NItrogen-Vacancy Spin Defects in Diamond
At the nanoscale, isolated spins can be exceedingly stable and precisely controlled. This holds the promise for their use as quantum bits, the basic building block of a quantum computer. Their natural stability also renders them sensitive magnetic, electric, and thermal probes. Recent experimental advances have enabled the control and manipulation of individual quantum mechanical spins --- Nitrogen-Vacancy (NV) defects --- in diamond. In each defect, a nitrogen atom and an adjacent vacancy substitute for two carbon atoms in the diamond lattice. The NV harbors a spin triplet electronic ground state that can be polarized, manipulated and optically detected. Our group is interested in studying the magnetic properties of layered two dimensional materials and in pressure-driven phase transitions using both single and ensemble NV magnetometry.
RT1: Nanoscale Magnetometry of 2D materials
In conjunction with our colleagues in the Ultrafast Nano-Optics Group, we use shallow NV centers to probe exciton spin relaxation and coherence dynamics in van der Waals heterostructures. Recent measurements on spin relaxation and coherence times using optical Kerr spectroscopy have demonstrated extremely long electron spin lifetimes. Our setup consists of back-gated monolayer transition metal dichalcogenides exfoliated on a diamond substrate with shallow NVs implanted within a few nanometers of the diamond surface.
Since the NV electronic spin couples directly to both DC and AC magnetic fields, the energy splitting between the NV's Zeeman sub-levels behave as a sensitive probe of any spin polarization of the TMD excitons. In particular, we plan to use wide-field imaging to directly map out the vector magnetic field generated by circularly polarized excitation of the TMD. This is enabled by the fact that excitons in the K and K' valleys selectively couple to left and right circularly polarized light. In combination with strong spin-orbit coupling in the valence band, this enables one to excite both spin and valley polarized excitons by using a combination of polarization and frequency selection. The ultimate sensitivity of our approach is determined by a combination of spin coherence time and spin projection noise. We will utilize Ramsey spectroscopy, which maps the magnetic field generated by the excitons into a relative phase difference accumulated by the NV's electronic spin states. By alternating the TMD excitation between left and right circular polarization, we can perform spin-echo spectroscopy, which significantly enhances the NV sensitivity.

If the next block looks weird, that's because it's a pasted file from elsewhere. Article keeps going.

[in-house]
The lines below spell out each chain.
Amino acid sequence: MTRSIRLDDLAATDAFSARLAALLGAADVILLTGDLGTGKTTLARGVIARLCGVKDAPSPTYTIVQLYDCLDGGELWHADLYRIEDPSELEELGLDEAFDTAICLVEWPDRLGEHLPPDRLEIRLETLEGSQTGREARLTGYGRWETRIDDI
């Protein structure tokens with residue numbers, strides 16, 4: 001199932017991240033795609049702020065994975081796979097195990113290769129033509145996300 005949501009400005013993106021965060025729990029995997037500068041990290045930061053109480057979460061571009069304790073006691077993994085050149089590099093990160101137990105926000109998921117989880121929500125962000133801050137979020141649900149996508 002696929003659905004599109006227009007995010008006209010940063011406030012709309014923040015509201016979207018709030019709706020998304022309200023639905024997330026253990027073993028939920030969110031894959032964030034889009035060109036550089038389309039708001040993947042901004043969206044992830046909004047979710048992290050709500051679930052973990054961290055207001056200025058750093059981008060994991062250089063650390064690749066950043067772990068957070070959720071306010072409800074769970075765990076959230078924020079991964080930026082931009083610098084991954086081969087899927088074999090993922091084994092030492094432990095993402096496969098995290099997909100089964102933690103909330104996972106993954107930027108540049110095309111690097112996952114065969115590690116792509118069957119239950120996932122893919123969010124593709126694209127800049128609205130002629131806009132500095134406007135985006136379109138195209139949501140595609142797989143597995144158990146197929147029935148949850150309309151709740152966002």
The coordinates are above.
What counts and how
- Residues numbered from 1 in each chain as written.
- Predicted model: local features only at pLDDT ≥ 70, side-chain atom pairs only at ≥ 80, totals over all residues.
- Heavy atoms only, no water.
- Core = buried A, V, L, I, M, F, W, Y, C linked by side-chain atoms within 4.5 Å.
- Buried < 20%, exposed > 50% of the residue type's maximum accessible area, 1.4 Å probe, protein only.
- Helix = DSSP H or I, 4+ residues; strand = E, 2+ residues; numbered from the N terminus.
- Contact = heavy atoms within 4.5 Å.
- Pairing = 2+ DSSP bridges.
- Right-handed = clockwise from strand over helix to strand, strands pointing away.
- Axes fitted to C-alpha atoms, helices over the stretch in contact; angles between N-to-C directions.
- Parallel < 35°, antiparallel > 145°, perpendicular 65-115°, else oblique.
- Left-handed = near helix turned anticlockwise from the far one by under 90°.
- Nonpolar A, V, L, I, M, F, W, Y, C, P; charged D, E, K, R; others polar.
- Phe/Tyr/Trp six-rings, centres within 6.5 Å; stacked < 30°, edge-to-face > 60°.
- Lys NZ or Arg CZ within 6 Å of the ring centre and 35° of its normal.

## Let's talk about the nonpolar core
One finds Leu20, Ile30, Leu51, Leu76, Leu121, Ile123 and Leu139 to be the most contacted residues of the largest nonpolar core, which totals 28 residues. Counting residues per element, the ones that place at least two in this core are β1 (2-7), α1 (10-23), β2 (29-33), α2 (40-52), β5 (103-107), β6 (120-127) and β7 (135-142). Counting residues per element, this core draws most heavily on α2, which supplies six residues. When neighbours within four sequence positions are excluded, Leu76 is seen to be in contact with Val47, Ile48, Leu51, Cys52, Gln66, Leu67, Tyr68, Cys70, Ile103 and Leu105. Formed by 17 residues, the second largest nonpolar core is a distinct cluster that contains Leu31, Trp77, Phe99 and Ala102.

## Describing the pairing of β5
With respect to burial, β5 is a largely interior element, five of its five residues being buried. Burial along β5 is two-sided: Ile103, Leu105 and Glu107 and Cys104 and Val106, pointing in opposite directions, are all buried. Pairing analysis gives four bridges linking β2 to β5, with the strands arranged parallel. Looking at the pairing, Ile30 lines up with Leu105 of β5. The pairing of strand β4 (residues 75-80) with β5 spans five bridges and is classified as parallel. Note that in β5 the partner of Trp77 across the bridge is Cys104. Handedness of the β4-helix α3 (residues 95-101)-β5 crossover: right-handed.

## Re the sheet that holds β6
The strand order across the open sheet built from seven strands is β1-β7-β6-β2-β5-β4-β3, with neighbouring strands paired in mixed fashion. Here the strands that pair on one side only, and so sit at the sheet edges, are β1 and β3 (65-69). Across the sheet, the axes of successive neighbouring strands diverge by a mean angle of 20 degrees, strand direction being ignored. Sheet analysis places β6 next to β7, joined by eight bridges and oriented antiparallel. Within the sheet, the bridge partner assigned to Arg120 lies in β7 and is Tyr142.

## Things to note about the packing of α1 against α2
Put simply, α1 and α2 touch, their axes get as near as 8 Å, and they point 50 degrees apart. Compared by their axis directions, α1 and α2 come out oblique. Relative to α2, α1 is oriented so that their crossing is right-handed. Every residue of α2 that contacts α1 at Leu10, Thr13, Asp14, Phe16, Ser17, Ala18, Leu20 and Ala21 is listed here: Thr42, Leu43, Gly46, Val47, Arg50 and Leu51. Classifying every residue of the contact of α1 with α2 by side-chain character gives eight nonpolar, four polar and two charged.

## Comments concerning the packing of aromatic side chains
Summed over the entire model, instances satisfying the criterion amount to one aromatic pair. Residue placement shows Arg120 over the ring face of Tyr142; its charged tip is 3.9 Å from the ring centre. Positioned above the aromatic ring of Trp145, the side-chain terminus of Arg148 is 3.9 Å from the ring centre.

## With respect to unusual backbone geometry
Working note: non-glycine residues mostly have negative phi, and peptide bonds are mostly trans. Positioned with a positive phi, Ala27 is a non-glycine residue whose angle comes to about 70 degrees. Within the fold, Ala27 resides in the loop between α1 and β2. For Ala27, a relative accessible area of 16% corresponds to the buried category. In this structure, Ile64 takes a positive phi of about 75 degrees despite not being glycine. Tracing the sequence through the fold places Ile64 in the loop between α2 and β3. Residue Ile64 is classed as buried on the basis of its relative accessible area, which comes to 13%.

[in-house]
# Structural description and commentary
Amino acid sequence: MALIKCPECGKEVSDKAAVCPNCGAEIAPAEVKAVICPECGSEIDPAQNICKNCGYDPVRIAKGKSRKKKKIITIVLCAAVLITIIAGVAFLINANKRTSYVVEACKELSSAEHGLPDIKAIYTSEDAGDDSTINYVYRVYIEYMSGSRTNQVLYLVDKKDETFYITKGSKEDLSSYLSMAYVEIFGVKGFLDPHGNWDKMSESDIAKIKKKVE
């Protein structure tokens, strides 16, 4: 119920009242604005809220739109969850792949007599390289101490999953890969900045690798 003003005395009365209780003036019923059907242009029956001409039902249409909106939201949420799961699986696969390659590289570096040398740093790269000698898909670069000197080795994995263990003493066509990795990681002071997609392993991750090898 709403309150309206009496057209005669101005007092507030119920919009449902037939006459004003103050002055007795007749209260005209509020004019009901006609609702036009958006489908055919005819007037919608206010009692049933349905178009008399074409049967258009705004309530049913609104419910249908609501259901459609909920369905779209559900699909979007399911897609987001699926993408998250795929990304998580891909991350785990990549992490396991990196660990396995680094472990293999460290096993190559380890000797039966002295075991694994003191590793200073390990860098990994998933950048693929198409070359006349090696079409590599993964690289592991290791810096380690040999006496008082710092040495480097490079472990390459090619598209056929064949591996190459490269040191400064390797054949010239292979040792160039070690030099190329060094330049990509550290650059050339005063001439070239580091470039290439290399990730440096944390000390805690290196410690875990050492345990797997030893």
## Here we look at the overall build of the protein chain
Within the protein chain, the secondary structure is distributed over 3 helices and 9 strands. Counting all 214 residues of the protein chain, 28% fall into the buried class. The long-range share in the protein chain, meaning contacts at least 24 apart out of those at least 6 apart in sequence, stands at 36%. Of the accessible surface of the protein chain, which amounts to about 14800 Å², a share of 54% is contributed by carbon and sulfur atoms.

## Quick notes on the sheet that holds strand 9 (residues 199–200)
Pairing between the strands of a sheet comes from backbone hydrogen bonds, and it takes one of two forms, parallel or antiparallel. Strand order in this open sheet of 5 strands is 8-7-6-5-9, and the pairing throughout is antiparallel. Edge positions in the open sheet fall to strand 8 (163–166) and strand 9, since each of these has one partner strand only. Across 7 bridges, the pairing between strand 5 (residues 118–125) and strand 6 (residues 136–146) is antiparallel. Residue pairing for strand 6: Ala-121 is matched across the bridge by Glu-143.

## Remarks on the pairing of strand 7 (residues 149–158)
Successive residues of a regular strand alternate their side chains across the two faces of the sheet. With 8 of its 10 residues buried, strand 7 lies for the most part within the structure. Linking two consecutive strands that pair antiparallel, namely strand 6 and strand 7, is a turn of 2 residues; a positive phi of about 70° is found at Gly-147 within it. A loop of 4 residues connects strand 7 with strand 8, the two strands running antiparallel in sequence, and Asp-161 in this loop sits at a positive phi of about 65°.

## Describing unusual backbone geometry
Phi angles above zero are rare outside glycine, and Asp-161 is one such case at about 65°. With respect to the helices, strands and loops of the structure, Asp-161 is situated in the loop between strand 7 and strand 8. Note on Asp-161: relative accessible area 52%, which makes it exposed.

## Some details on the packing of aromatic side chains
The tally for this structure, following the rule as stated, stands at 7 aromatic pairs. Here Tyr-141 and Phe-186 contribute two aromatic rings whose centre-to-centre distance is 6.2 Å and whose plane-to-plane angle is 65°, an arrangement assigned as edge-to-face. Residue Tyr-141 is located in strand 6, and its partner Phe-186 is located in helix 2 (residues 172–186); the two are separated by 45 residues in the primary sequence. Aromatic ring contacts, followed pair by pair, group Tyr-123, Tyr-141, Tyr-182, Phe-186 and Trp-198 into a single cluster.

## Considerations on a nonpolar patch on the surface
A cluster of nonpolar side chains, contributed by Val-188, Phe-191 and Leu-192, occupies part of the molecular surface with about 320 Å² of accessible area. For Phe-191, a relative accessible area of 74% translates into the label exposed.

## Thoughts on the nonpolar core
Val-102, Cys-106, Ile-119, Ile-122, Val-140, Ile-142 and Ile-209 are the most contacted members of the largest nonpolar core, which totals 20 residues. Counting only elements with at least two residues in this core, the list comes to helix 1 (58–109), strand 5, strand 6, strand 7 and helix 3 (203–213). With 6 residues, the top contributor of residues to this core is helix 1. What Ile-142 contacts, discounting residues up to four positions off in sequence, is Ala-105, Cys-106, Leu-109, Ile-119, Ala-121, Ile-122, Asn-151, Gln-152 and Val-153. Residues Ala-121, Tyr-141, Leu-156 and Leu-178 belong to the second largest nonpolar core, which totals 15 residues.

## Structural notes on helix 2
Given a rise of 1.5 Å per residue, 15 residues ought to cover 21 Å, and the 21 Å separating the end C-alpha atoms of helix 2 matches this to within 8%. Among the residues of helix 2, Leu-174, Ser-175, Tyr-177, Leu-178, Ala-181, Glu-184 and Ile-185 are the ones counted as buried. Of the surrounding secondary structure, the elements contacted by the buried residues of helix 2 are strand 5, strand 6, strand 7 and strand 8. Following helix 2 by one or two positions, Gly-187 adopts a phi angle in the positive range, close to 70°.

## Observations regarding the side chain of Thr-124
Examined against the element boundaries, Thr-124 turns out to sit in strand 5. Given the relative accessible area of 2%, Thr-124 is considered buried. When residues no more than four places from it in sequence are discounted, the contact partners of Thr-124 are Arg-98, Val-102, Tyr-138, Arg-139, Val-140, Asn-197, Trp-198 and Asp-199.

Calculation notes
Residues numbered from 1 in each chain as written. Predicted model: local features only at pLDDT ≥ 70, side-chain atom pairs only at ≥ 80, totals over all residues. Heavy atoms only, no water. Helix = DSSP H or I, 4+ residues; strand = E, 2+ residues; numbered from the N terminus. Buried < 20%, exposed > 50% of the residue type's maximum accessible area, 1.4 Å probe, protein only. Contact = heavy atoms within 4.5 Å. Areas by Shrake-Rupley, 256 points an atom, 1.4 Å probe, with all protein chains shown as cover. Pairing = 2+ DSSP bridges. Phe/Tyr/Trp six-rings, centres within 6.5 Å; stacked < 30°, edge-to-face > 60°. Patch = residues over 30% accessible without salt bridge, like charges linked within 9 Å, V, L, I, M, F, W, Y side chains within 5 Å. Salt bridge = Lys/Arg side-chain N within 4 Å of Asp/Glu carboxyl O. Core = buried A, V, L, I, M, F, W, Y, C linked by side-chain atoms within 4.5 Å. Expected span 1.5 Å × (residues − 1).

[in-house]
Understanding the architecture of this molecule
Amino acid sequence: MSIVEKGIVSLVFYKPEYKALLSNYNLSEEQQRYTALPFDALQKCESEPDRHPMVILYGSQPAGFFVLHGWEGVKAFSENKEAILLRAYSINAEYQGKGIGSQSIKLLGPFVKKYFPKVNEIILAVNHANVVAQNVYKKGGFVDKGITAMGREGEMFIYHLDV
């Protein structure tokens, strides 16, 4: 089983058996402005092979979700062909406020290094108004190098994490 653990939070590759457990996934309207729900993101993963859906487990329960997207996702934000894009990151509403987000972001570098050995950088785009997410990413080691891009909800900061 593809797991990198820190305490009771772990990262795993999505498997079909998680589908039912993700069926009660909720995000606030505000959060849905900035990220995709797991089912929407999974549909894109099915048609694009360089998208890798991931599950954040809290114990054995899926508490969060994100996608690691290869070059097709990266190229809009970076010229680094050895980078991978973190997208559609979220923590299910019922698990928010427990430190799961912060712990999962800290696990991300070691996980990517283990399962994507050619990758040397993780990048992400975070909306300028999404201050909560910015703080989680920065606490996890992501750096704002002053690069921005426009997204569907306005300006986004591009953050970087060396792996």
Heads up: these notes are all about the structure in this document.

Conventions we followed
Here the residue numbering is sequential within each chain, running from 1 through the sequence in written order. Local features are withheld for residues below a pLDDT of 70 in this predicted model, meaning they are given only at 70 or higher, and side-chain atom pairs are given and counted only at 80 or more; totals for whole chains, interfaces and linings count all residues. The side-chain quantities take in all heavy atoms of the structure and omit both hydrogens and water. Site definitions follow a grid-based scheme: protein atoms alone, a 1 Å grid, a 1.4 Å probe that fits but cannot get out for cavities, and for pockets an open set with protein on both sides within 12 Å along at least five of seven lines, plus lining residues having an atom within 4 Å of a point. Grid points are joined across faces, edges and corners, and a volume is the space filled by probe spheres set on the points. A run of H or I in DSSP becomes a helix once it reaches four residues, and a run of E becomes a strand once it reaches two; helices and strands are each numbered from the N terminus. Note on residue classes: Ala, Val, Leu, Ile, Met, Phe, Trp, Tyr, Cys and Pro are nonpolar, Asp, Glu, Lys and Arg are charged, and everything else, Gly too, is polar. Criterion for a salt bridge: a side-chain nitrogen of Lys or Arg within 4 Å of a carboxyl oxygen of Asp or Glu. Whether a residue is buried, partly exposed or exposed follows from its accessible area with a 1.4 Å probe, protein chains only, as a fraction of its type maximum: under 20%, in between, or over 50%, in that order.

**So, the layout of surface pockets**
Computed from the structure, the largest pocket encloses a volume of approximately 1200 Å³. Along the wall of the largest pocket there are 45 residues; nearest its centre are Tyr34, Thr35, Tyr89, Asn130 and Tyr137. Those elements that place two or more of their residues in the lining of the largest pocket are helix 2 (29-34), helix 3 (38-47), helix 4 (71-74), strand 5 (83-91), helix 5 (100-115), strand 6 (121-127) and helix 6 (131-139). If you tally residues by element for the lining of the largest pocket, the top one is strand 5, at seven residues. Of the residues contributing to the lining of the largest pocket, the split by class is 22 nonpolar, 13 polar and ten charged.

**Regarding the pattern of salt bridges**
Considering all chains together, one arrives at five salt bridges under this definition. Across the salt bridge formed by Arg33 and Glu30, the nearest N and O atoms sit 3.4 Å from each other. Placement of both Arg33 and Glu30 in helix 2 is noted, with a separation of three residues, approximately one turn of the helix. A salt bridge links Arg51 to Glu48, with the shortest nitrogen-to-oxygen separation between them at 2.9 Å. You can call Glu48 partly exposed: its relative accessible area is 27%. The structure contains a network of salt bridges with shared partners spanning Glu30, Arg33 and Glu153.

RT2: nanoscale sensing At high pressures
Since their introduction, diamond anvil cells (DACs) have become the most versatile approach to generating sustained high pressures inside the laboratory. By compressing a thin sample between two opposing diamonds, pressures over hundreds of gigapascal can be achieved. These systems provide a useful platform for realizing pressure-driven quantum phase transitions that can elucidate our understanding of quantum materials. However, owing to the sharp pressure gradient between the micron-scale sample chamber and its ambient surroundings in the laboratory, localized measurements of stress gradients, magnetic fields, or temperature are challenging. We propose the development of NV centers as a tool for pressure calibration and nanoscale sensing in DAC systems.
By preparing a diamond anvil with an ensemble of NV centers, one can study spatially resolved tensorial stress gradients inside the anvil over a millimeter scale. While these gradients have been simulated extensively, a complete experimental measurement has remained elusive. The systematic study of these stress gradients may inform the design of novel anvil geometries that are capable of sustaining new pressure regimes more reliably.
Using alternative but complementary sensing modalities, one can perform magnetometry and thermometry using a thin layer of NV centers near a diamond anvil cell sample chamber to study pressure-induced magnetic phase transitions. We are using this tool to construct spatially resolved pressure-temperature phase diagrams of skrymion materials, for which pressure has already proved to be an interesting order parameter for extending the thermodynamic stability region of the skyrmion phase. The combination of nanoscale spatial resolution and simultaneous sensing of stress, magnetism, and temperature afforded by the NV center provides a rich and unexplored phase space for the study of quantum phases of matter.